Author Topic: Lightroom part 3 - Exposure  (Read 2622 times)

Offline theqca

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Lightroom part 3 - Exposure
« on: October 08, 2014, 06:37:00 PM »

Here's how it works - basic exposure can be adjusted using the "exposure" and "contrast" sliders. Using these sliders however in most cases isnt really a very good complete solution.

The exposure slider controls mid-tones and some of the lower highlights in your photo.

When adjusting exposure in LR you can either go with the preview that you see of the image or better still - check the histogram as well as the preview. The histogram is very useful if you've shot your photo using one of the methods mentioned below.

ETTR
One of the rules of shooting a good photograph is to expose as far as possible to the right without blowing out the highlights. This isnt the only method and the intention here isnt to start a debate but If you've shot your photograph with this rule in mind - you can make some minor tweaks in LR by using the histogram that's there. I would suggest you follow this rule and get a shot that is exposed in a manner where the histogram shows a slight movement towards the right but isnt so far to the right that you've clipped your highlights. (More details on clipping and how to check for this later during this tutorial.)
ps - shoot in RAW and open the RAW file in LR if you need more control over tweaking exposure during post processing.



Underexpose a bit

If you've used the "under expose slightly" method of shooting you may end up with some noise in the darker areas when you try to brighten the image a bit in LR. Use the histogram to push up the exposure a bit -  Usage of some Noise Reduction is possible and LR does this quite well - we'll cover noise reduction in another post. I used to follow this method earlier and i still do sometimes depending on what I'm shooting however i've ended up with too many shots where I'm unable to do much with the noise even after applying NR so I've now started following the ETTR method.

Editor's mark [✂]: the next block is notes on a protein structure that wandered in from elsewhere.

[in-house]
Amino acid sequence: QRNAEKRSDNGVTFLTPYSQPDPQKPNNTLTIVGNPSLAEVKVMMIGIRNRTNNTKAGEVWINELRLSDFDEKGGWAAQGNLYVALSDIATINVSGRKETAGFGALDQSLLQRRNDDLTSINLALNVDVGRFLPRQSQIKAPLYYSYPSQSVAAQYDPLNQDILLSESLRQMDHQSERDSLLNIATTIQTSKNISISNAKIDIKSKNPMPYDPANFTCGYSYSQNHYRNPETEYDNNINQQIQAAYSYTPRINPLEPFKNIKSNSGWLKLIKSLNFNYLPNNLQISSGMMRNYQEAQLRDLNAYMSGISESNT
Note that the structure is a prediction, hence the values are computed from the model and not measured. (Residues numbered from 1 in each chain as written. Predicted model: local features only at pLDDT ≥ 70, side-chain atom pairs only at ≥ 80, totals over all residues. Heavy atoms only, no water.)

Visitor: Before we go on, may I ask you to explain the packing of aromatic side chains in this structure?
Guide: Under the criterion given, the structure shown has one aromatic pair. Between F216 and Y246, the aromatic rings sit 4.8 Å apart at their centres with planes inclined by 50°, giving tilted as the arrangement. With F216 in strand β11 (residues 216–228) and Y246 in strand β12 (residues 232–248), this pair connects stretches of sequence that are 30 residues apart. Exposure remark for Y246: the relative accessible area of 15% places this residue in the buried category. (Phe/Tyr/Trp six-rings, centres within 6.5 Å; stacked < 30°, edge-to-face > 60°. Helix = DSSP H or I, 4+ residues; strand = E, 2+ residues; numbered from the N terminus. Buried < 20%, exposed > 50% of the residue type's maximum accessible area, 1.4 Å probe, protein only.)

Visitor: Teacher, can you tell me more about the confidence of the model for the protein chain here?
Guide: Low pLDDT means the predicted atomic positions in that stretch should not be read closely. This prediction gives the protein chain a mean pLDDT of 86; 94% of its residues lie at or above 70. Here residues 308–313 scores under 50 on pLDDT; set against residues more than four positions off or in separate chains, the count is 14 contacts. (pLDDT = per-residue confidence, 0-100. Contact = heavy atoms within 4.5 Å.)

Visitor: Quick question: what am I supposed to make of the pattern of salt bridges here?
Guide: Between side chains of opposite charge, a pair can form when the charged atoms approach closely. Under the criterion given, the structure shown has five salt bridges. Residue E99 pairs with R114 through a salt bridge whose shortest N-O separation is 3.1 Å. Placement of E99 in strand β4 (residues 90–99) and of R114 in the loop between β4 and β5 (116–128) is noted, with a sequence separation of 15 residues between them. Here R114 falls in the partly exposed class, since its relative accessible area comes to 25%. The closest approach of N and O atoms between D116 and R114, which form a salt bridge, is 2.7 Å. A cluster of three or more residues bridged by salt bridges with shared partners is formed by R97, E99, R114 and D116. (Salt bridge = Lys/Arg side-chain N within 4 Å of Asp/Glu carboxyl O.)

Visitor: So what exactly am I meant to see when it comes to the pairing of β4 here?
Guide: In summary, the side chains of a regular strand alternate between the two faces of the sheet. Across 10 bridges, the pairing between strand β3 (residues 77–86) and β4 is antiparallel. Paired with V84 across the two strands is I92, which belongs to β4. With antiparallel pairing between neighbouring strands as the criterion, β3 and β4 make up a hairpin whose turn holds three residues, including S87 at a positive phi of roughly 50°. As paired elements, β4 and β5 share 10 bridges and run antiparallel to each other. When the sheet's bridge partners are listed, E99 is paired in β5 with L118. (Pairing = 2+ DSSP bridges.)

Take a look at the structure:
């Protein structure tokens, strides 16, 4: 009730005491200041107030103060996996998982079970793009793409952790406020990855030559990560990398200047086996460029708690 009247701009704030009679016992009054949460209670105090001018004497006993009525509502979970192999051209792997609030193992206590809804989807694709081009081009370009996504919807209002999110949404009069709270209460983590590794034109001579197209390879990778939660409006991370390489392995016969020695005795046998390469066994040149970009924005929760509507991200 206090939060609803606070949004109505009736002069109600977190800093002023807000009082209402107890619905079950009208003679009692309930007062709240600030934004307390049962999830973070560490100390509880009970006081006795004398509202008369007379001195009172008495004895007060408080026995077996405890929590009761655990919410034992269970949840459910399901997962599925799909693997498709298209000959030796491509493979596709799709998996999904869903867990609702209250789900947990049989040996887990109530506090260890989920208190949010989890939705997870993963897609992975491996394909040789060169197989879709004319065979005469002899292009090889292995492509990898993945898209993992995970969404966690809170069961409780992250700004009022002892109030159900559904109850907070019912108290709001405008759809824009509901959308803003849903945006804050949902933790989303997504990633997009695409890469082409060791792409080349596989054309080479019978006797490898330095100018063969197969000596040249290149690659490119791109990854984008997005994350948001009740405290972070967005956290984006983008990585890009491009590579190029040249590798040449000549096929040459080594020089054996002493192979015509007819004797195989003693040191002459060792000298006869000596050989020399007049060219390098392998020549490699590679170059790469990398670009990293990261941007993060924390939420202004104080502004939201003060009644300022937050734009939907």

ps - shoot in RAW and open the RAW file in LR if you need more control over tweaking exposure during post processing.

"Correct in camera exposure"
Not always possible - camera meter and you can be easily mislead unless you have proper tones, natural grey thats recorded as natural grey by your meter etc etc

The point is irrespective of what exposure method you usually shoot with, some enhancement is easily possible with LR interms of exposure.

Simple rule - Move the exposure slider to the right to make the image brighter. Move it to the left to make it darker.

In some cases i may want to move the contrast slider a little bit to the right - i usually however don't touch the contrast slider at all as this slider makes the darker parts look even more dark so you need to go back to the exposure slider to tweak things further.

I mentioned checking the histogram....and here's how the histogram works.

The centre of the graph shows you the midtones, the left shows you the darker areas and the right part of the graph shows you the brighter areas of the photograph.

Whenever you touch the cursor to a particular slider (like the exposure slider) the graph will show you a grey area which is affected by that particular slider.

Warning lights
There are also 2 triangles in the top right and left corners of the graph - these are like warning lights that tell you when you've moved some sliders that are affecting the exposure and are resulting in things like clipped highlights / clipped shadows.